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U.S. Transuranium and Uranium Registries Conference Contributions

2020 Health Physics Society Virtual Workshop, September 10 – October 21, 2020

The Health Physics Society replaced its traditional in-person meeting with the 2020 Virtual Workshop, which spanned several weeks. USTUR faculty members were authors on one presentation, which was given by Deepesh Poudel of Los Alamos National Laboratory on September 17th.

Long-term retention of plutonium in the respiratory tracts of two acutely-exposed workers

Deepesh Poudel (LANL), Maia Avtandilashvili (USTUR), Luiz Bertelli (LANL), John A. Klumpp (LANL), Sergei Y. Tolmachev (USTUR)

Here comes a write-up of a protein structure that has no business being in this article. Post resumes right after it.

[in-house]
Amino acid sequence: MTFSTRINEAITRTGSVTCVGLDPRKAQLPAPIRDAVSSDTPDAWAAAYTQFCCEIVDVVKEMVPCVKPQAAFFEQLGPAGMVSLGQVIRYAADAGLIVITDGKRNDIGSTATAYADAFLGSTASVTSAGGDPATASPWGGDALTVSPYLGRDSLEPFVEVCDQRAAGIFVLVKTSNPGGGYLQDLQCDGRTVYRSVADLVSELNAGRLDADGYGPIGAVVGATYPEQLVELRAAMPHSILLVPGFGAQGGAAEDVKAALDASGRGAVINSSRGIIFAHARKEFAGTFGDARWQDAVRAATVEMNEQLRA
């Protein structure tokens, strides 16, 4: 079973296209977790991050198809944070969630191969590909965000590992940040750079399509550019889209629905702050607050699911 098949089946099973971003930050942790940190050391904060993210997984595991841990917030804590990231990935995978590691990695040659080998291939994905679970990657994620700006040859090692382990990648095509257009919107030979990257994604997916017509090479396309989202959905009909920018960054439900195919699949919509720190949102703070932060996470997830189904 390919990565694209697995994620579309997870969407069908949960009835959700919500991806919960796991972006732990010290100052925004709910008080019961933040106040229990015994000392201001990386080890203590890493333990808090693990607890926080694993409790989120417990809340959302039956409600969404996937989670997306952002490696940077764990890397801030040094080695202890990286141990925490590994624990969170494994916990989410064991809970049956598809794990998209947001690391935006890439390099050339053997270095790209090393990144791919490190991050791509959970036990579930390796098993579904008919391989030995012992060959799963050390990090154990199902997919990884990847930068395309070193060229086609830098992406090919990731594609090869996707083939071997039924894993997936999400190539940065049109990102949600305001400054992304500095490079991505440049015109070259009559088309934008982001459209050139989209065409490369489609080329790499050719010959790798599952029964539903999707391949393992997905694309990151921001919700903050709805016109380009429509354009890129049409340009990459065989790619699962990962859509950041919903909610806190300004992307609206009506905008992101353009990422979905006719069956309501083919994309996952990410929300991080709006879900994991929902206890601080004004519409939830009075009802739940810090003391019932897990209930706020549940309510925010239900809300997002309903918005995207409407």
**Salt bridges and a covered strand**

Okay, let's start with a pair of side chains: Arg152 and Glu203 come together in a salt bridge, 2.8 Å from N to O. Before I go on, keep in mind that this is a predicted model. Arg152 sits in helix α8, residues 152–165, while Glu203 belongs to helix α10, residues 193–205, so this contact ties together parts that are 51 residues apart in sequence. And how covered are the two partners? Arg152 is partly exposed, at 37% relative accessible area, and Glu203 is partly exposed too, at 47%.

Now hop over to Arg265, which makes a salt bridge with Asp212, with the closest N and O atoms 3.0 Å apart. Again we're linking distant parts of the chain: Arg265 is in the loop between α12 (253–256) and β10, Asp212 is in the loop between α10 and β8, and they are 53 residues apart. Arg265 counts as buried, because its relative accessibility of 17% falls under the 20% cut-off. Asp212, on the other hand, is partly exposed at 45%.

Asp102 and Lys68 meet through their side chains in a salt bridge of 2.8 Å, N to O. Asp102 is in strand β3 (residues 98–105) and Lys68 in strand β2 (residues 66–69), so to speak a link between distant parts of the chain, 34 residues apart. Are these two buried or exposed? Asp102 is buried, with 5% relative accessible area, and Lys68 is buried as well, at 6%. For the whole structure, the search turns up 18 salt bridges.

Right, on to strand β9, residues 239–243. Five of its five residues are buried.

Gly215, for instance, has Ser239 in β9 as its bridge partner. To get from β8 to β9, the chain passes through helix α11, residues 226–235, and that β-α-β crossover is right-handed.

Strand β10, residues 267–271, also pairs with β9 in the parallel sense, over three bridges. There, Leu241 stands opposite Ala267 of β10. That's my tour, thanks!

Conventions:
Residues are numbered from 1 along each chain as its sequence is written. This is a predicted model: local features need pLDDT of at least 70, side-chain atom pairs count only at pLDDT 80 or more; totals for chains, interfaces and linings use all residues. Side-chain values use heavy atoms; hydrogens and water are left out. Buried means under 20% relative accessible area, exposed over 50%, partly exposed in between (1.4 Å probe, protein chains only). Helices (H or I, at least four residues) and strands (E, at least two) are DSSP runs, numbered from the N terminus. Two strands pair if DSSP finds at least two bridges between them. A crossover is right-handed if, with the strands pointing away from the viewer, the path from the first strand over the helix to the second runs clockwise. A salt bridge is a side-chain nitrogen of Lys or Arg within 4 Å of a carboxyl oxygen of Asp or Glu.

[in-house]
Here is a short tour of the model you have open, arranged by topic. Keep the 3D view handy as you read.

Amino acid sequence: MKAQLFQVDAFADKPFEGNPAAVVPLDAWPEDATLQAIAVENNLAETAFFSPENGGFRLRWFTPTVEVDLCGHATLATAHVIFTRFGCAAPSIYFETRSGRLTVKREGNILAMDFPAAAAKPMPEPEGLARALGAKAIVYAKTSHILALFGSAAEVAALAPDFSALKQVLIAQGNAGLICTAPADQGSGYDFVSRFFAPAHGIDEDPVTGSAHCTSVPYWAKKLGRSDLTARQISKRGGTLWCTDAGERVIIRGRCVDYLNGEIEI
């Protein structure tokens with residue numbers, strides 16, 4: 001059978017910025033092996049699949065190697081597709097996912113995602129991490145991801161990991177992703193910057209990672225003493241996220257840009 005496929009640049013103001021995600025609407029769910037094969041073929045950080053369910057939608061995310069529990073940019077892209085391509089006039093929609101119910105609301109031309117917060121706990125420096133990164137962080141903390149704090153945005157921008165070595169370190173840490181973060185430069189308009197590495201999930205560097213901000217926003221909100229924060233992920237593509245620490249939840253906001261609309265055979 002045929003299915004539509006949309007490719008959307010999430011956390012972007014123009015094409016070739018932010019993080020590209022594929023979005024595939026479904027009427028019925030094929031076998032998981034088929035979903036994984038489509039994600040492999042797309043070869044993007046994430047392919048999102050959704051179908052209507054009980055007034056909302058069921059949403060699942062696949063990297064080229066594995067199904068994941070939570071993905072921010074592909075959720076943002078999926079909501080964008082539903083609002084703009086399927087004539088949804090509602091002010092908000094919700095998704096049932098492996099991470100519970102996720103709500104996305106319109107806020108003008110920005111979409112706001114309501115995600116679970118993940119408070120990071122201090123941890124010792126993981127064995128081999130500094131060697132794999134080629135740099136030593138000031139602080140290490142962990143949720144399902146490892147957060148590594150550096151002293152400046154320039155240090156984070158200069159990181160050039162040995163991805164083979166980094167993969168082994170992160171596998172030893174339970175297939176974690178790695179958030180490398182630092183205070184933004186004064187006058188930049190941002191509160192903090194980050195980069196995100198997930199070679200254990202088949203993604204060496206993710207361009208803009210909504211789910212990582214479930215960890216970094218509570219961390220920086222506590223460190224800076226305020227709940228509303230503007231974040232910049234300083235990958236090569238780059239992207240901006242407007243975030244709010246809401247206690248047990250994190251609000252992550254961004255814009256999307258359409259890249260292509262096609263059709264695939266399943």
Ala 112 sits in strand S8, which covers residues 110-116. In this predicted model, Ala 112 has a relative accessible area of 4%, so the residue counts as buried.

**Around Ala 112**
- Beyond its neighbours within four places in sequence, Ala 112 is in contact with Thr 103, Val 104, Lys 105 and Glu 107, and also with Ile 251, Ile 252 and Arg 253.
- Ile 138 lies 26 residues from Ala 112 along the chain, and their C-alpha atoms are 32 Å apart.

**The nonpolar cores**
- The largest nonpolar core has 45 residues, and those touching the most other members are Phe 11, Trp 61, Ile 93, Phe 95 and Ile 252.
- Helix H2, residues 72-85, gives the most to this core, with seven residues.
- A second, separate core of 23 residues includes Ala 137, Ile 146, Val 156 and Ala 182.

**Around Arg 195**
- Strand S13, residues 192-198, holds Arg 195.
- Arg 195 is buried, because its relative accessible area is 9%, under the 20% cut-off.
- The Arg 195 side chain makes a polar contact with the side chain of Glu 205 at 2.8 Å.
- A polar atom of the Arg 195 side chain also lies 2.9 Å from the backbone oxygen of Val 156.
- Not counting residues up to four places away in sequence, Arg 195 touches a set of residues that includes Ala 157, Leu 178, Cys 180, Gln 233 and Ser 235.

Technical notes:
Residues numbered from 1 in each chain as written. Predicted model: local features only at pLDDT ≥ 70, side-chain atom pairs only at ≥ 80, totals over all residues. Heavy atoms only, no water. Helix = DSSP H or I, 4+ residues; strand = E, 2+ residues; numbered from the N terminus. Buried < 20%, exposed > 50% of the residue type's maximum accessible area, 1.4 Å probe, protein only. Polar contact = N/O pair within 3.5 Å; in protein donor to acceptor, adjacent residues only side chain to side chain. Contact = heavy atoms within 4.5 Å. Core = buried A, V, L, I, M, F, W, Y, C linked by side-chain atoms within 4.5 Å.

Inhalation of plutonium is a significant contributor of occupational doses in plutonium production, nuclear fuel reprocessing, and cleanup operations. Accurate assessment of the residence time of plutonium in the lungs is important to properly characterize dose, and consequently the risk, from inhalation of plutonium aerosols. This presentation discusses the long-term retention of plutonium in different parts of the respiratory tract of two workers, who donated their bodies to the US Transuranium and Uranium Registries. Comparison of the activity concentration and total activity in the lungs and the thoracic lymph nodes provided information on the long-term solubility of the material inhaled. The materials inhaled by both workers were found to have solubility in between that of plutonium nitrates and oxides. The post-mortem tissue radiochemical analysis results, along with the urine bioassay data, were interpreted using Markov Chain Monte Carlo and the latest biokinetic models presented in the Occupational Intakes of Radionuclides series of ICRP publications. The data from these two individuals can be explained by assuming a bound fraction (fraction of plutonium deposited in the respiratory tract that becomes bound to lung tissue after dissolution, fb) of 1% and 4%, without having to significantly alter the particle clearance parameters. Effect of different assumptions about the bound fraction on radiation doses to different target regions was also investigated. For inhalation of soluble materials, an assumption of fb of 1%, compared to the ICRP default of 0.2%, increases the dose to the most sensitive target region of the respiratory tract by 258% and that to the total lung by 116%. Possible alternate methods of explaining higher-than-expected long-term retention of plutonium in the upper respiratory tract of these individuals – such as uptake by lungs, and material sequestration into the scar tissues – are also discussed. [USTUR-0543-20A]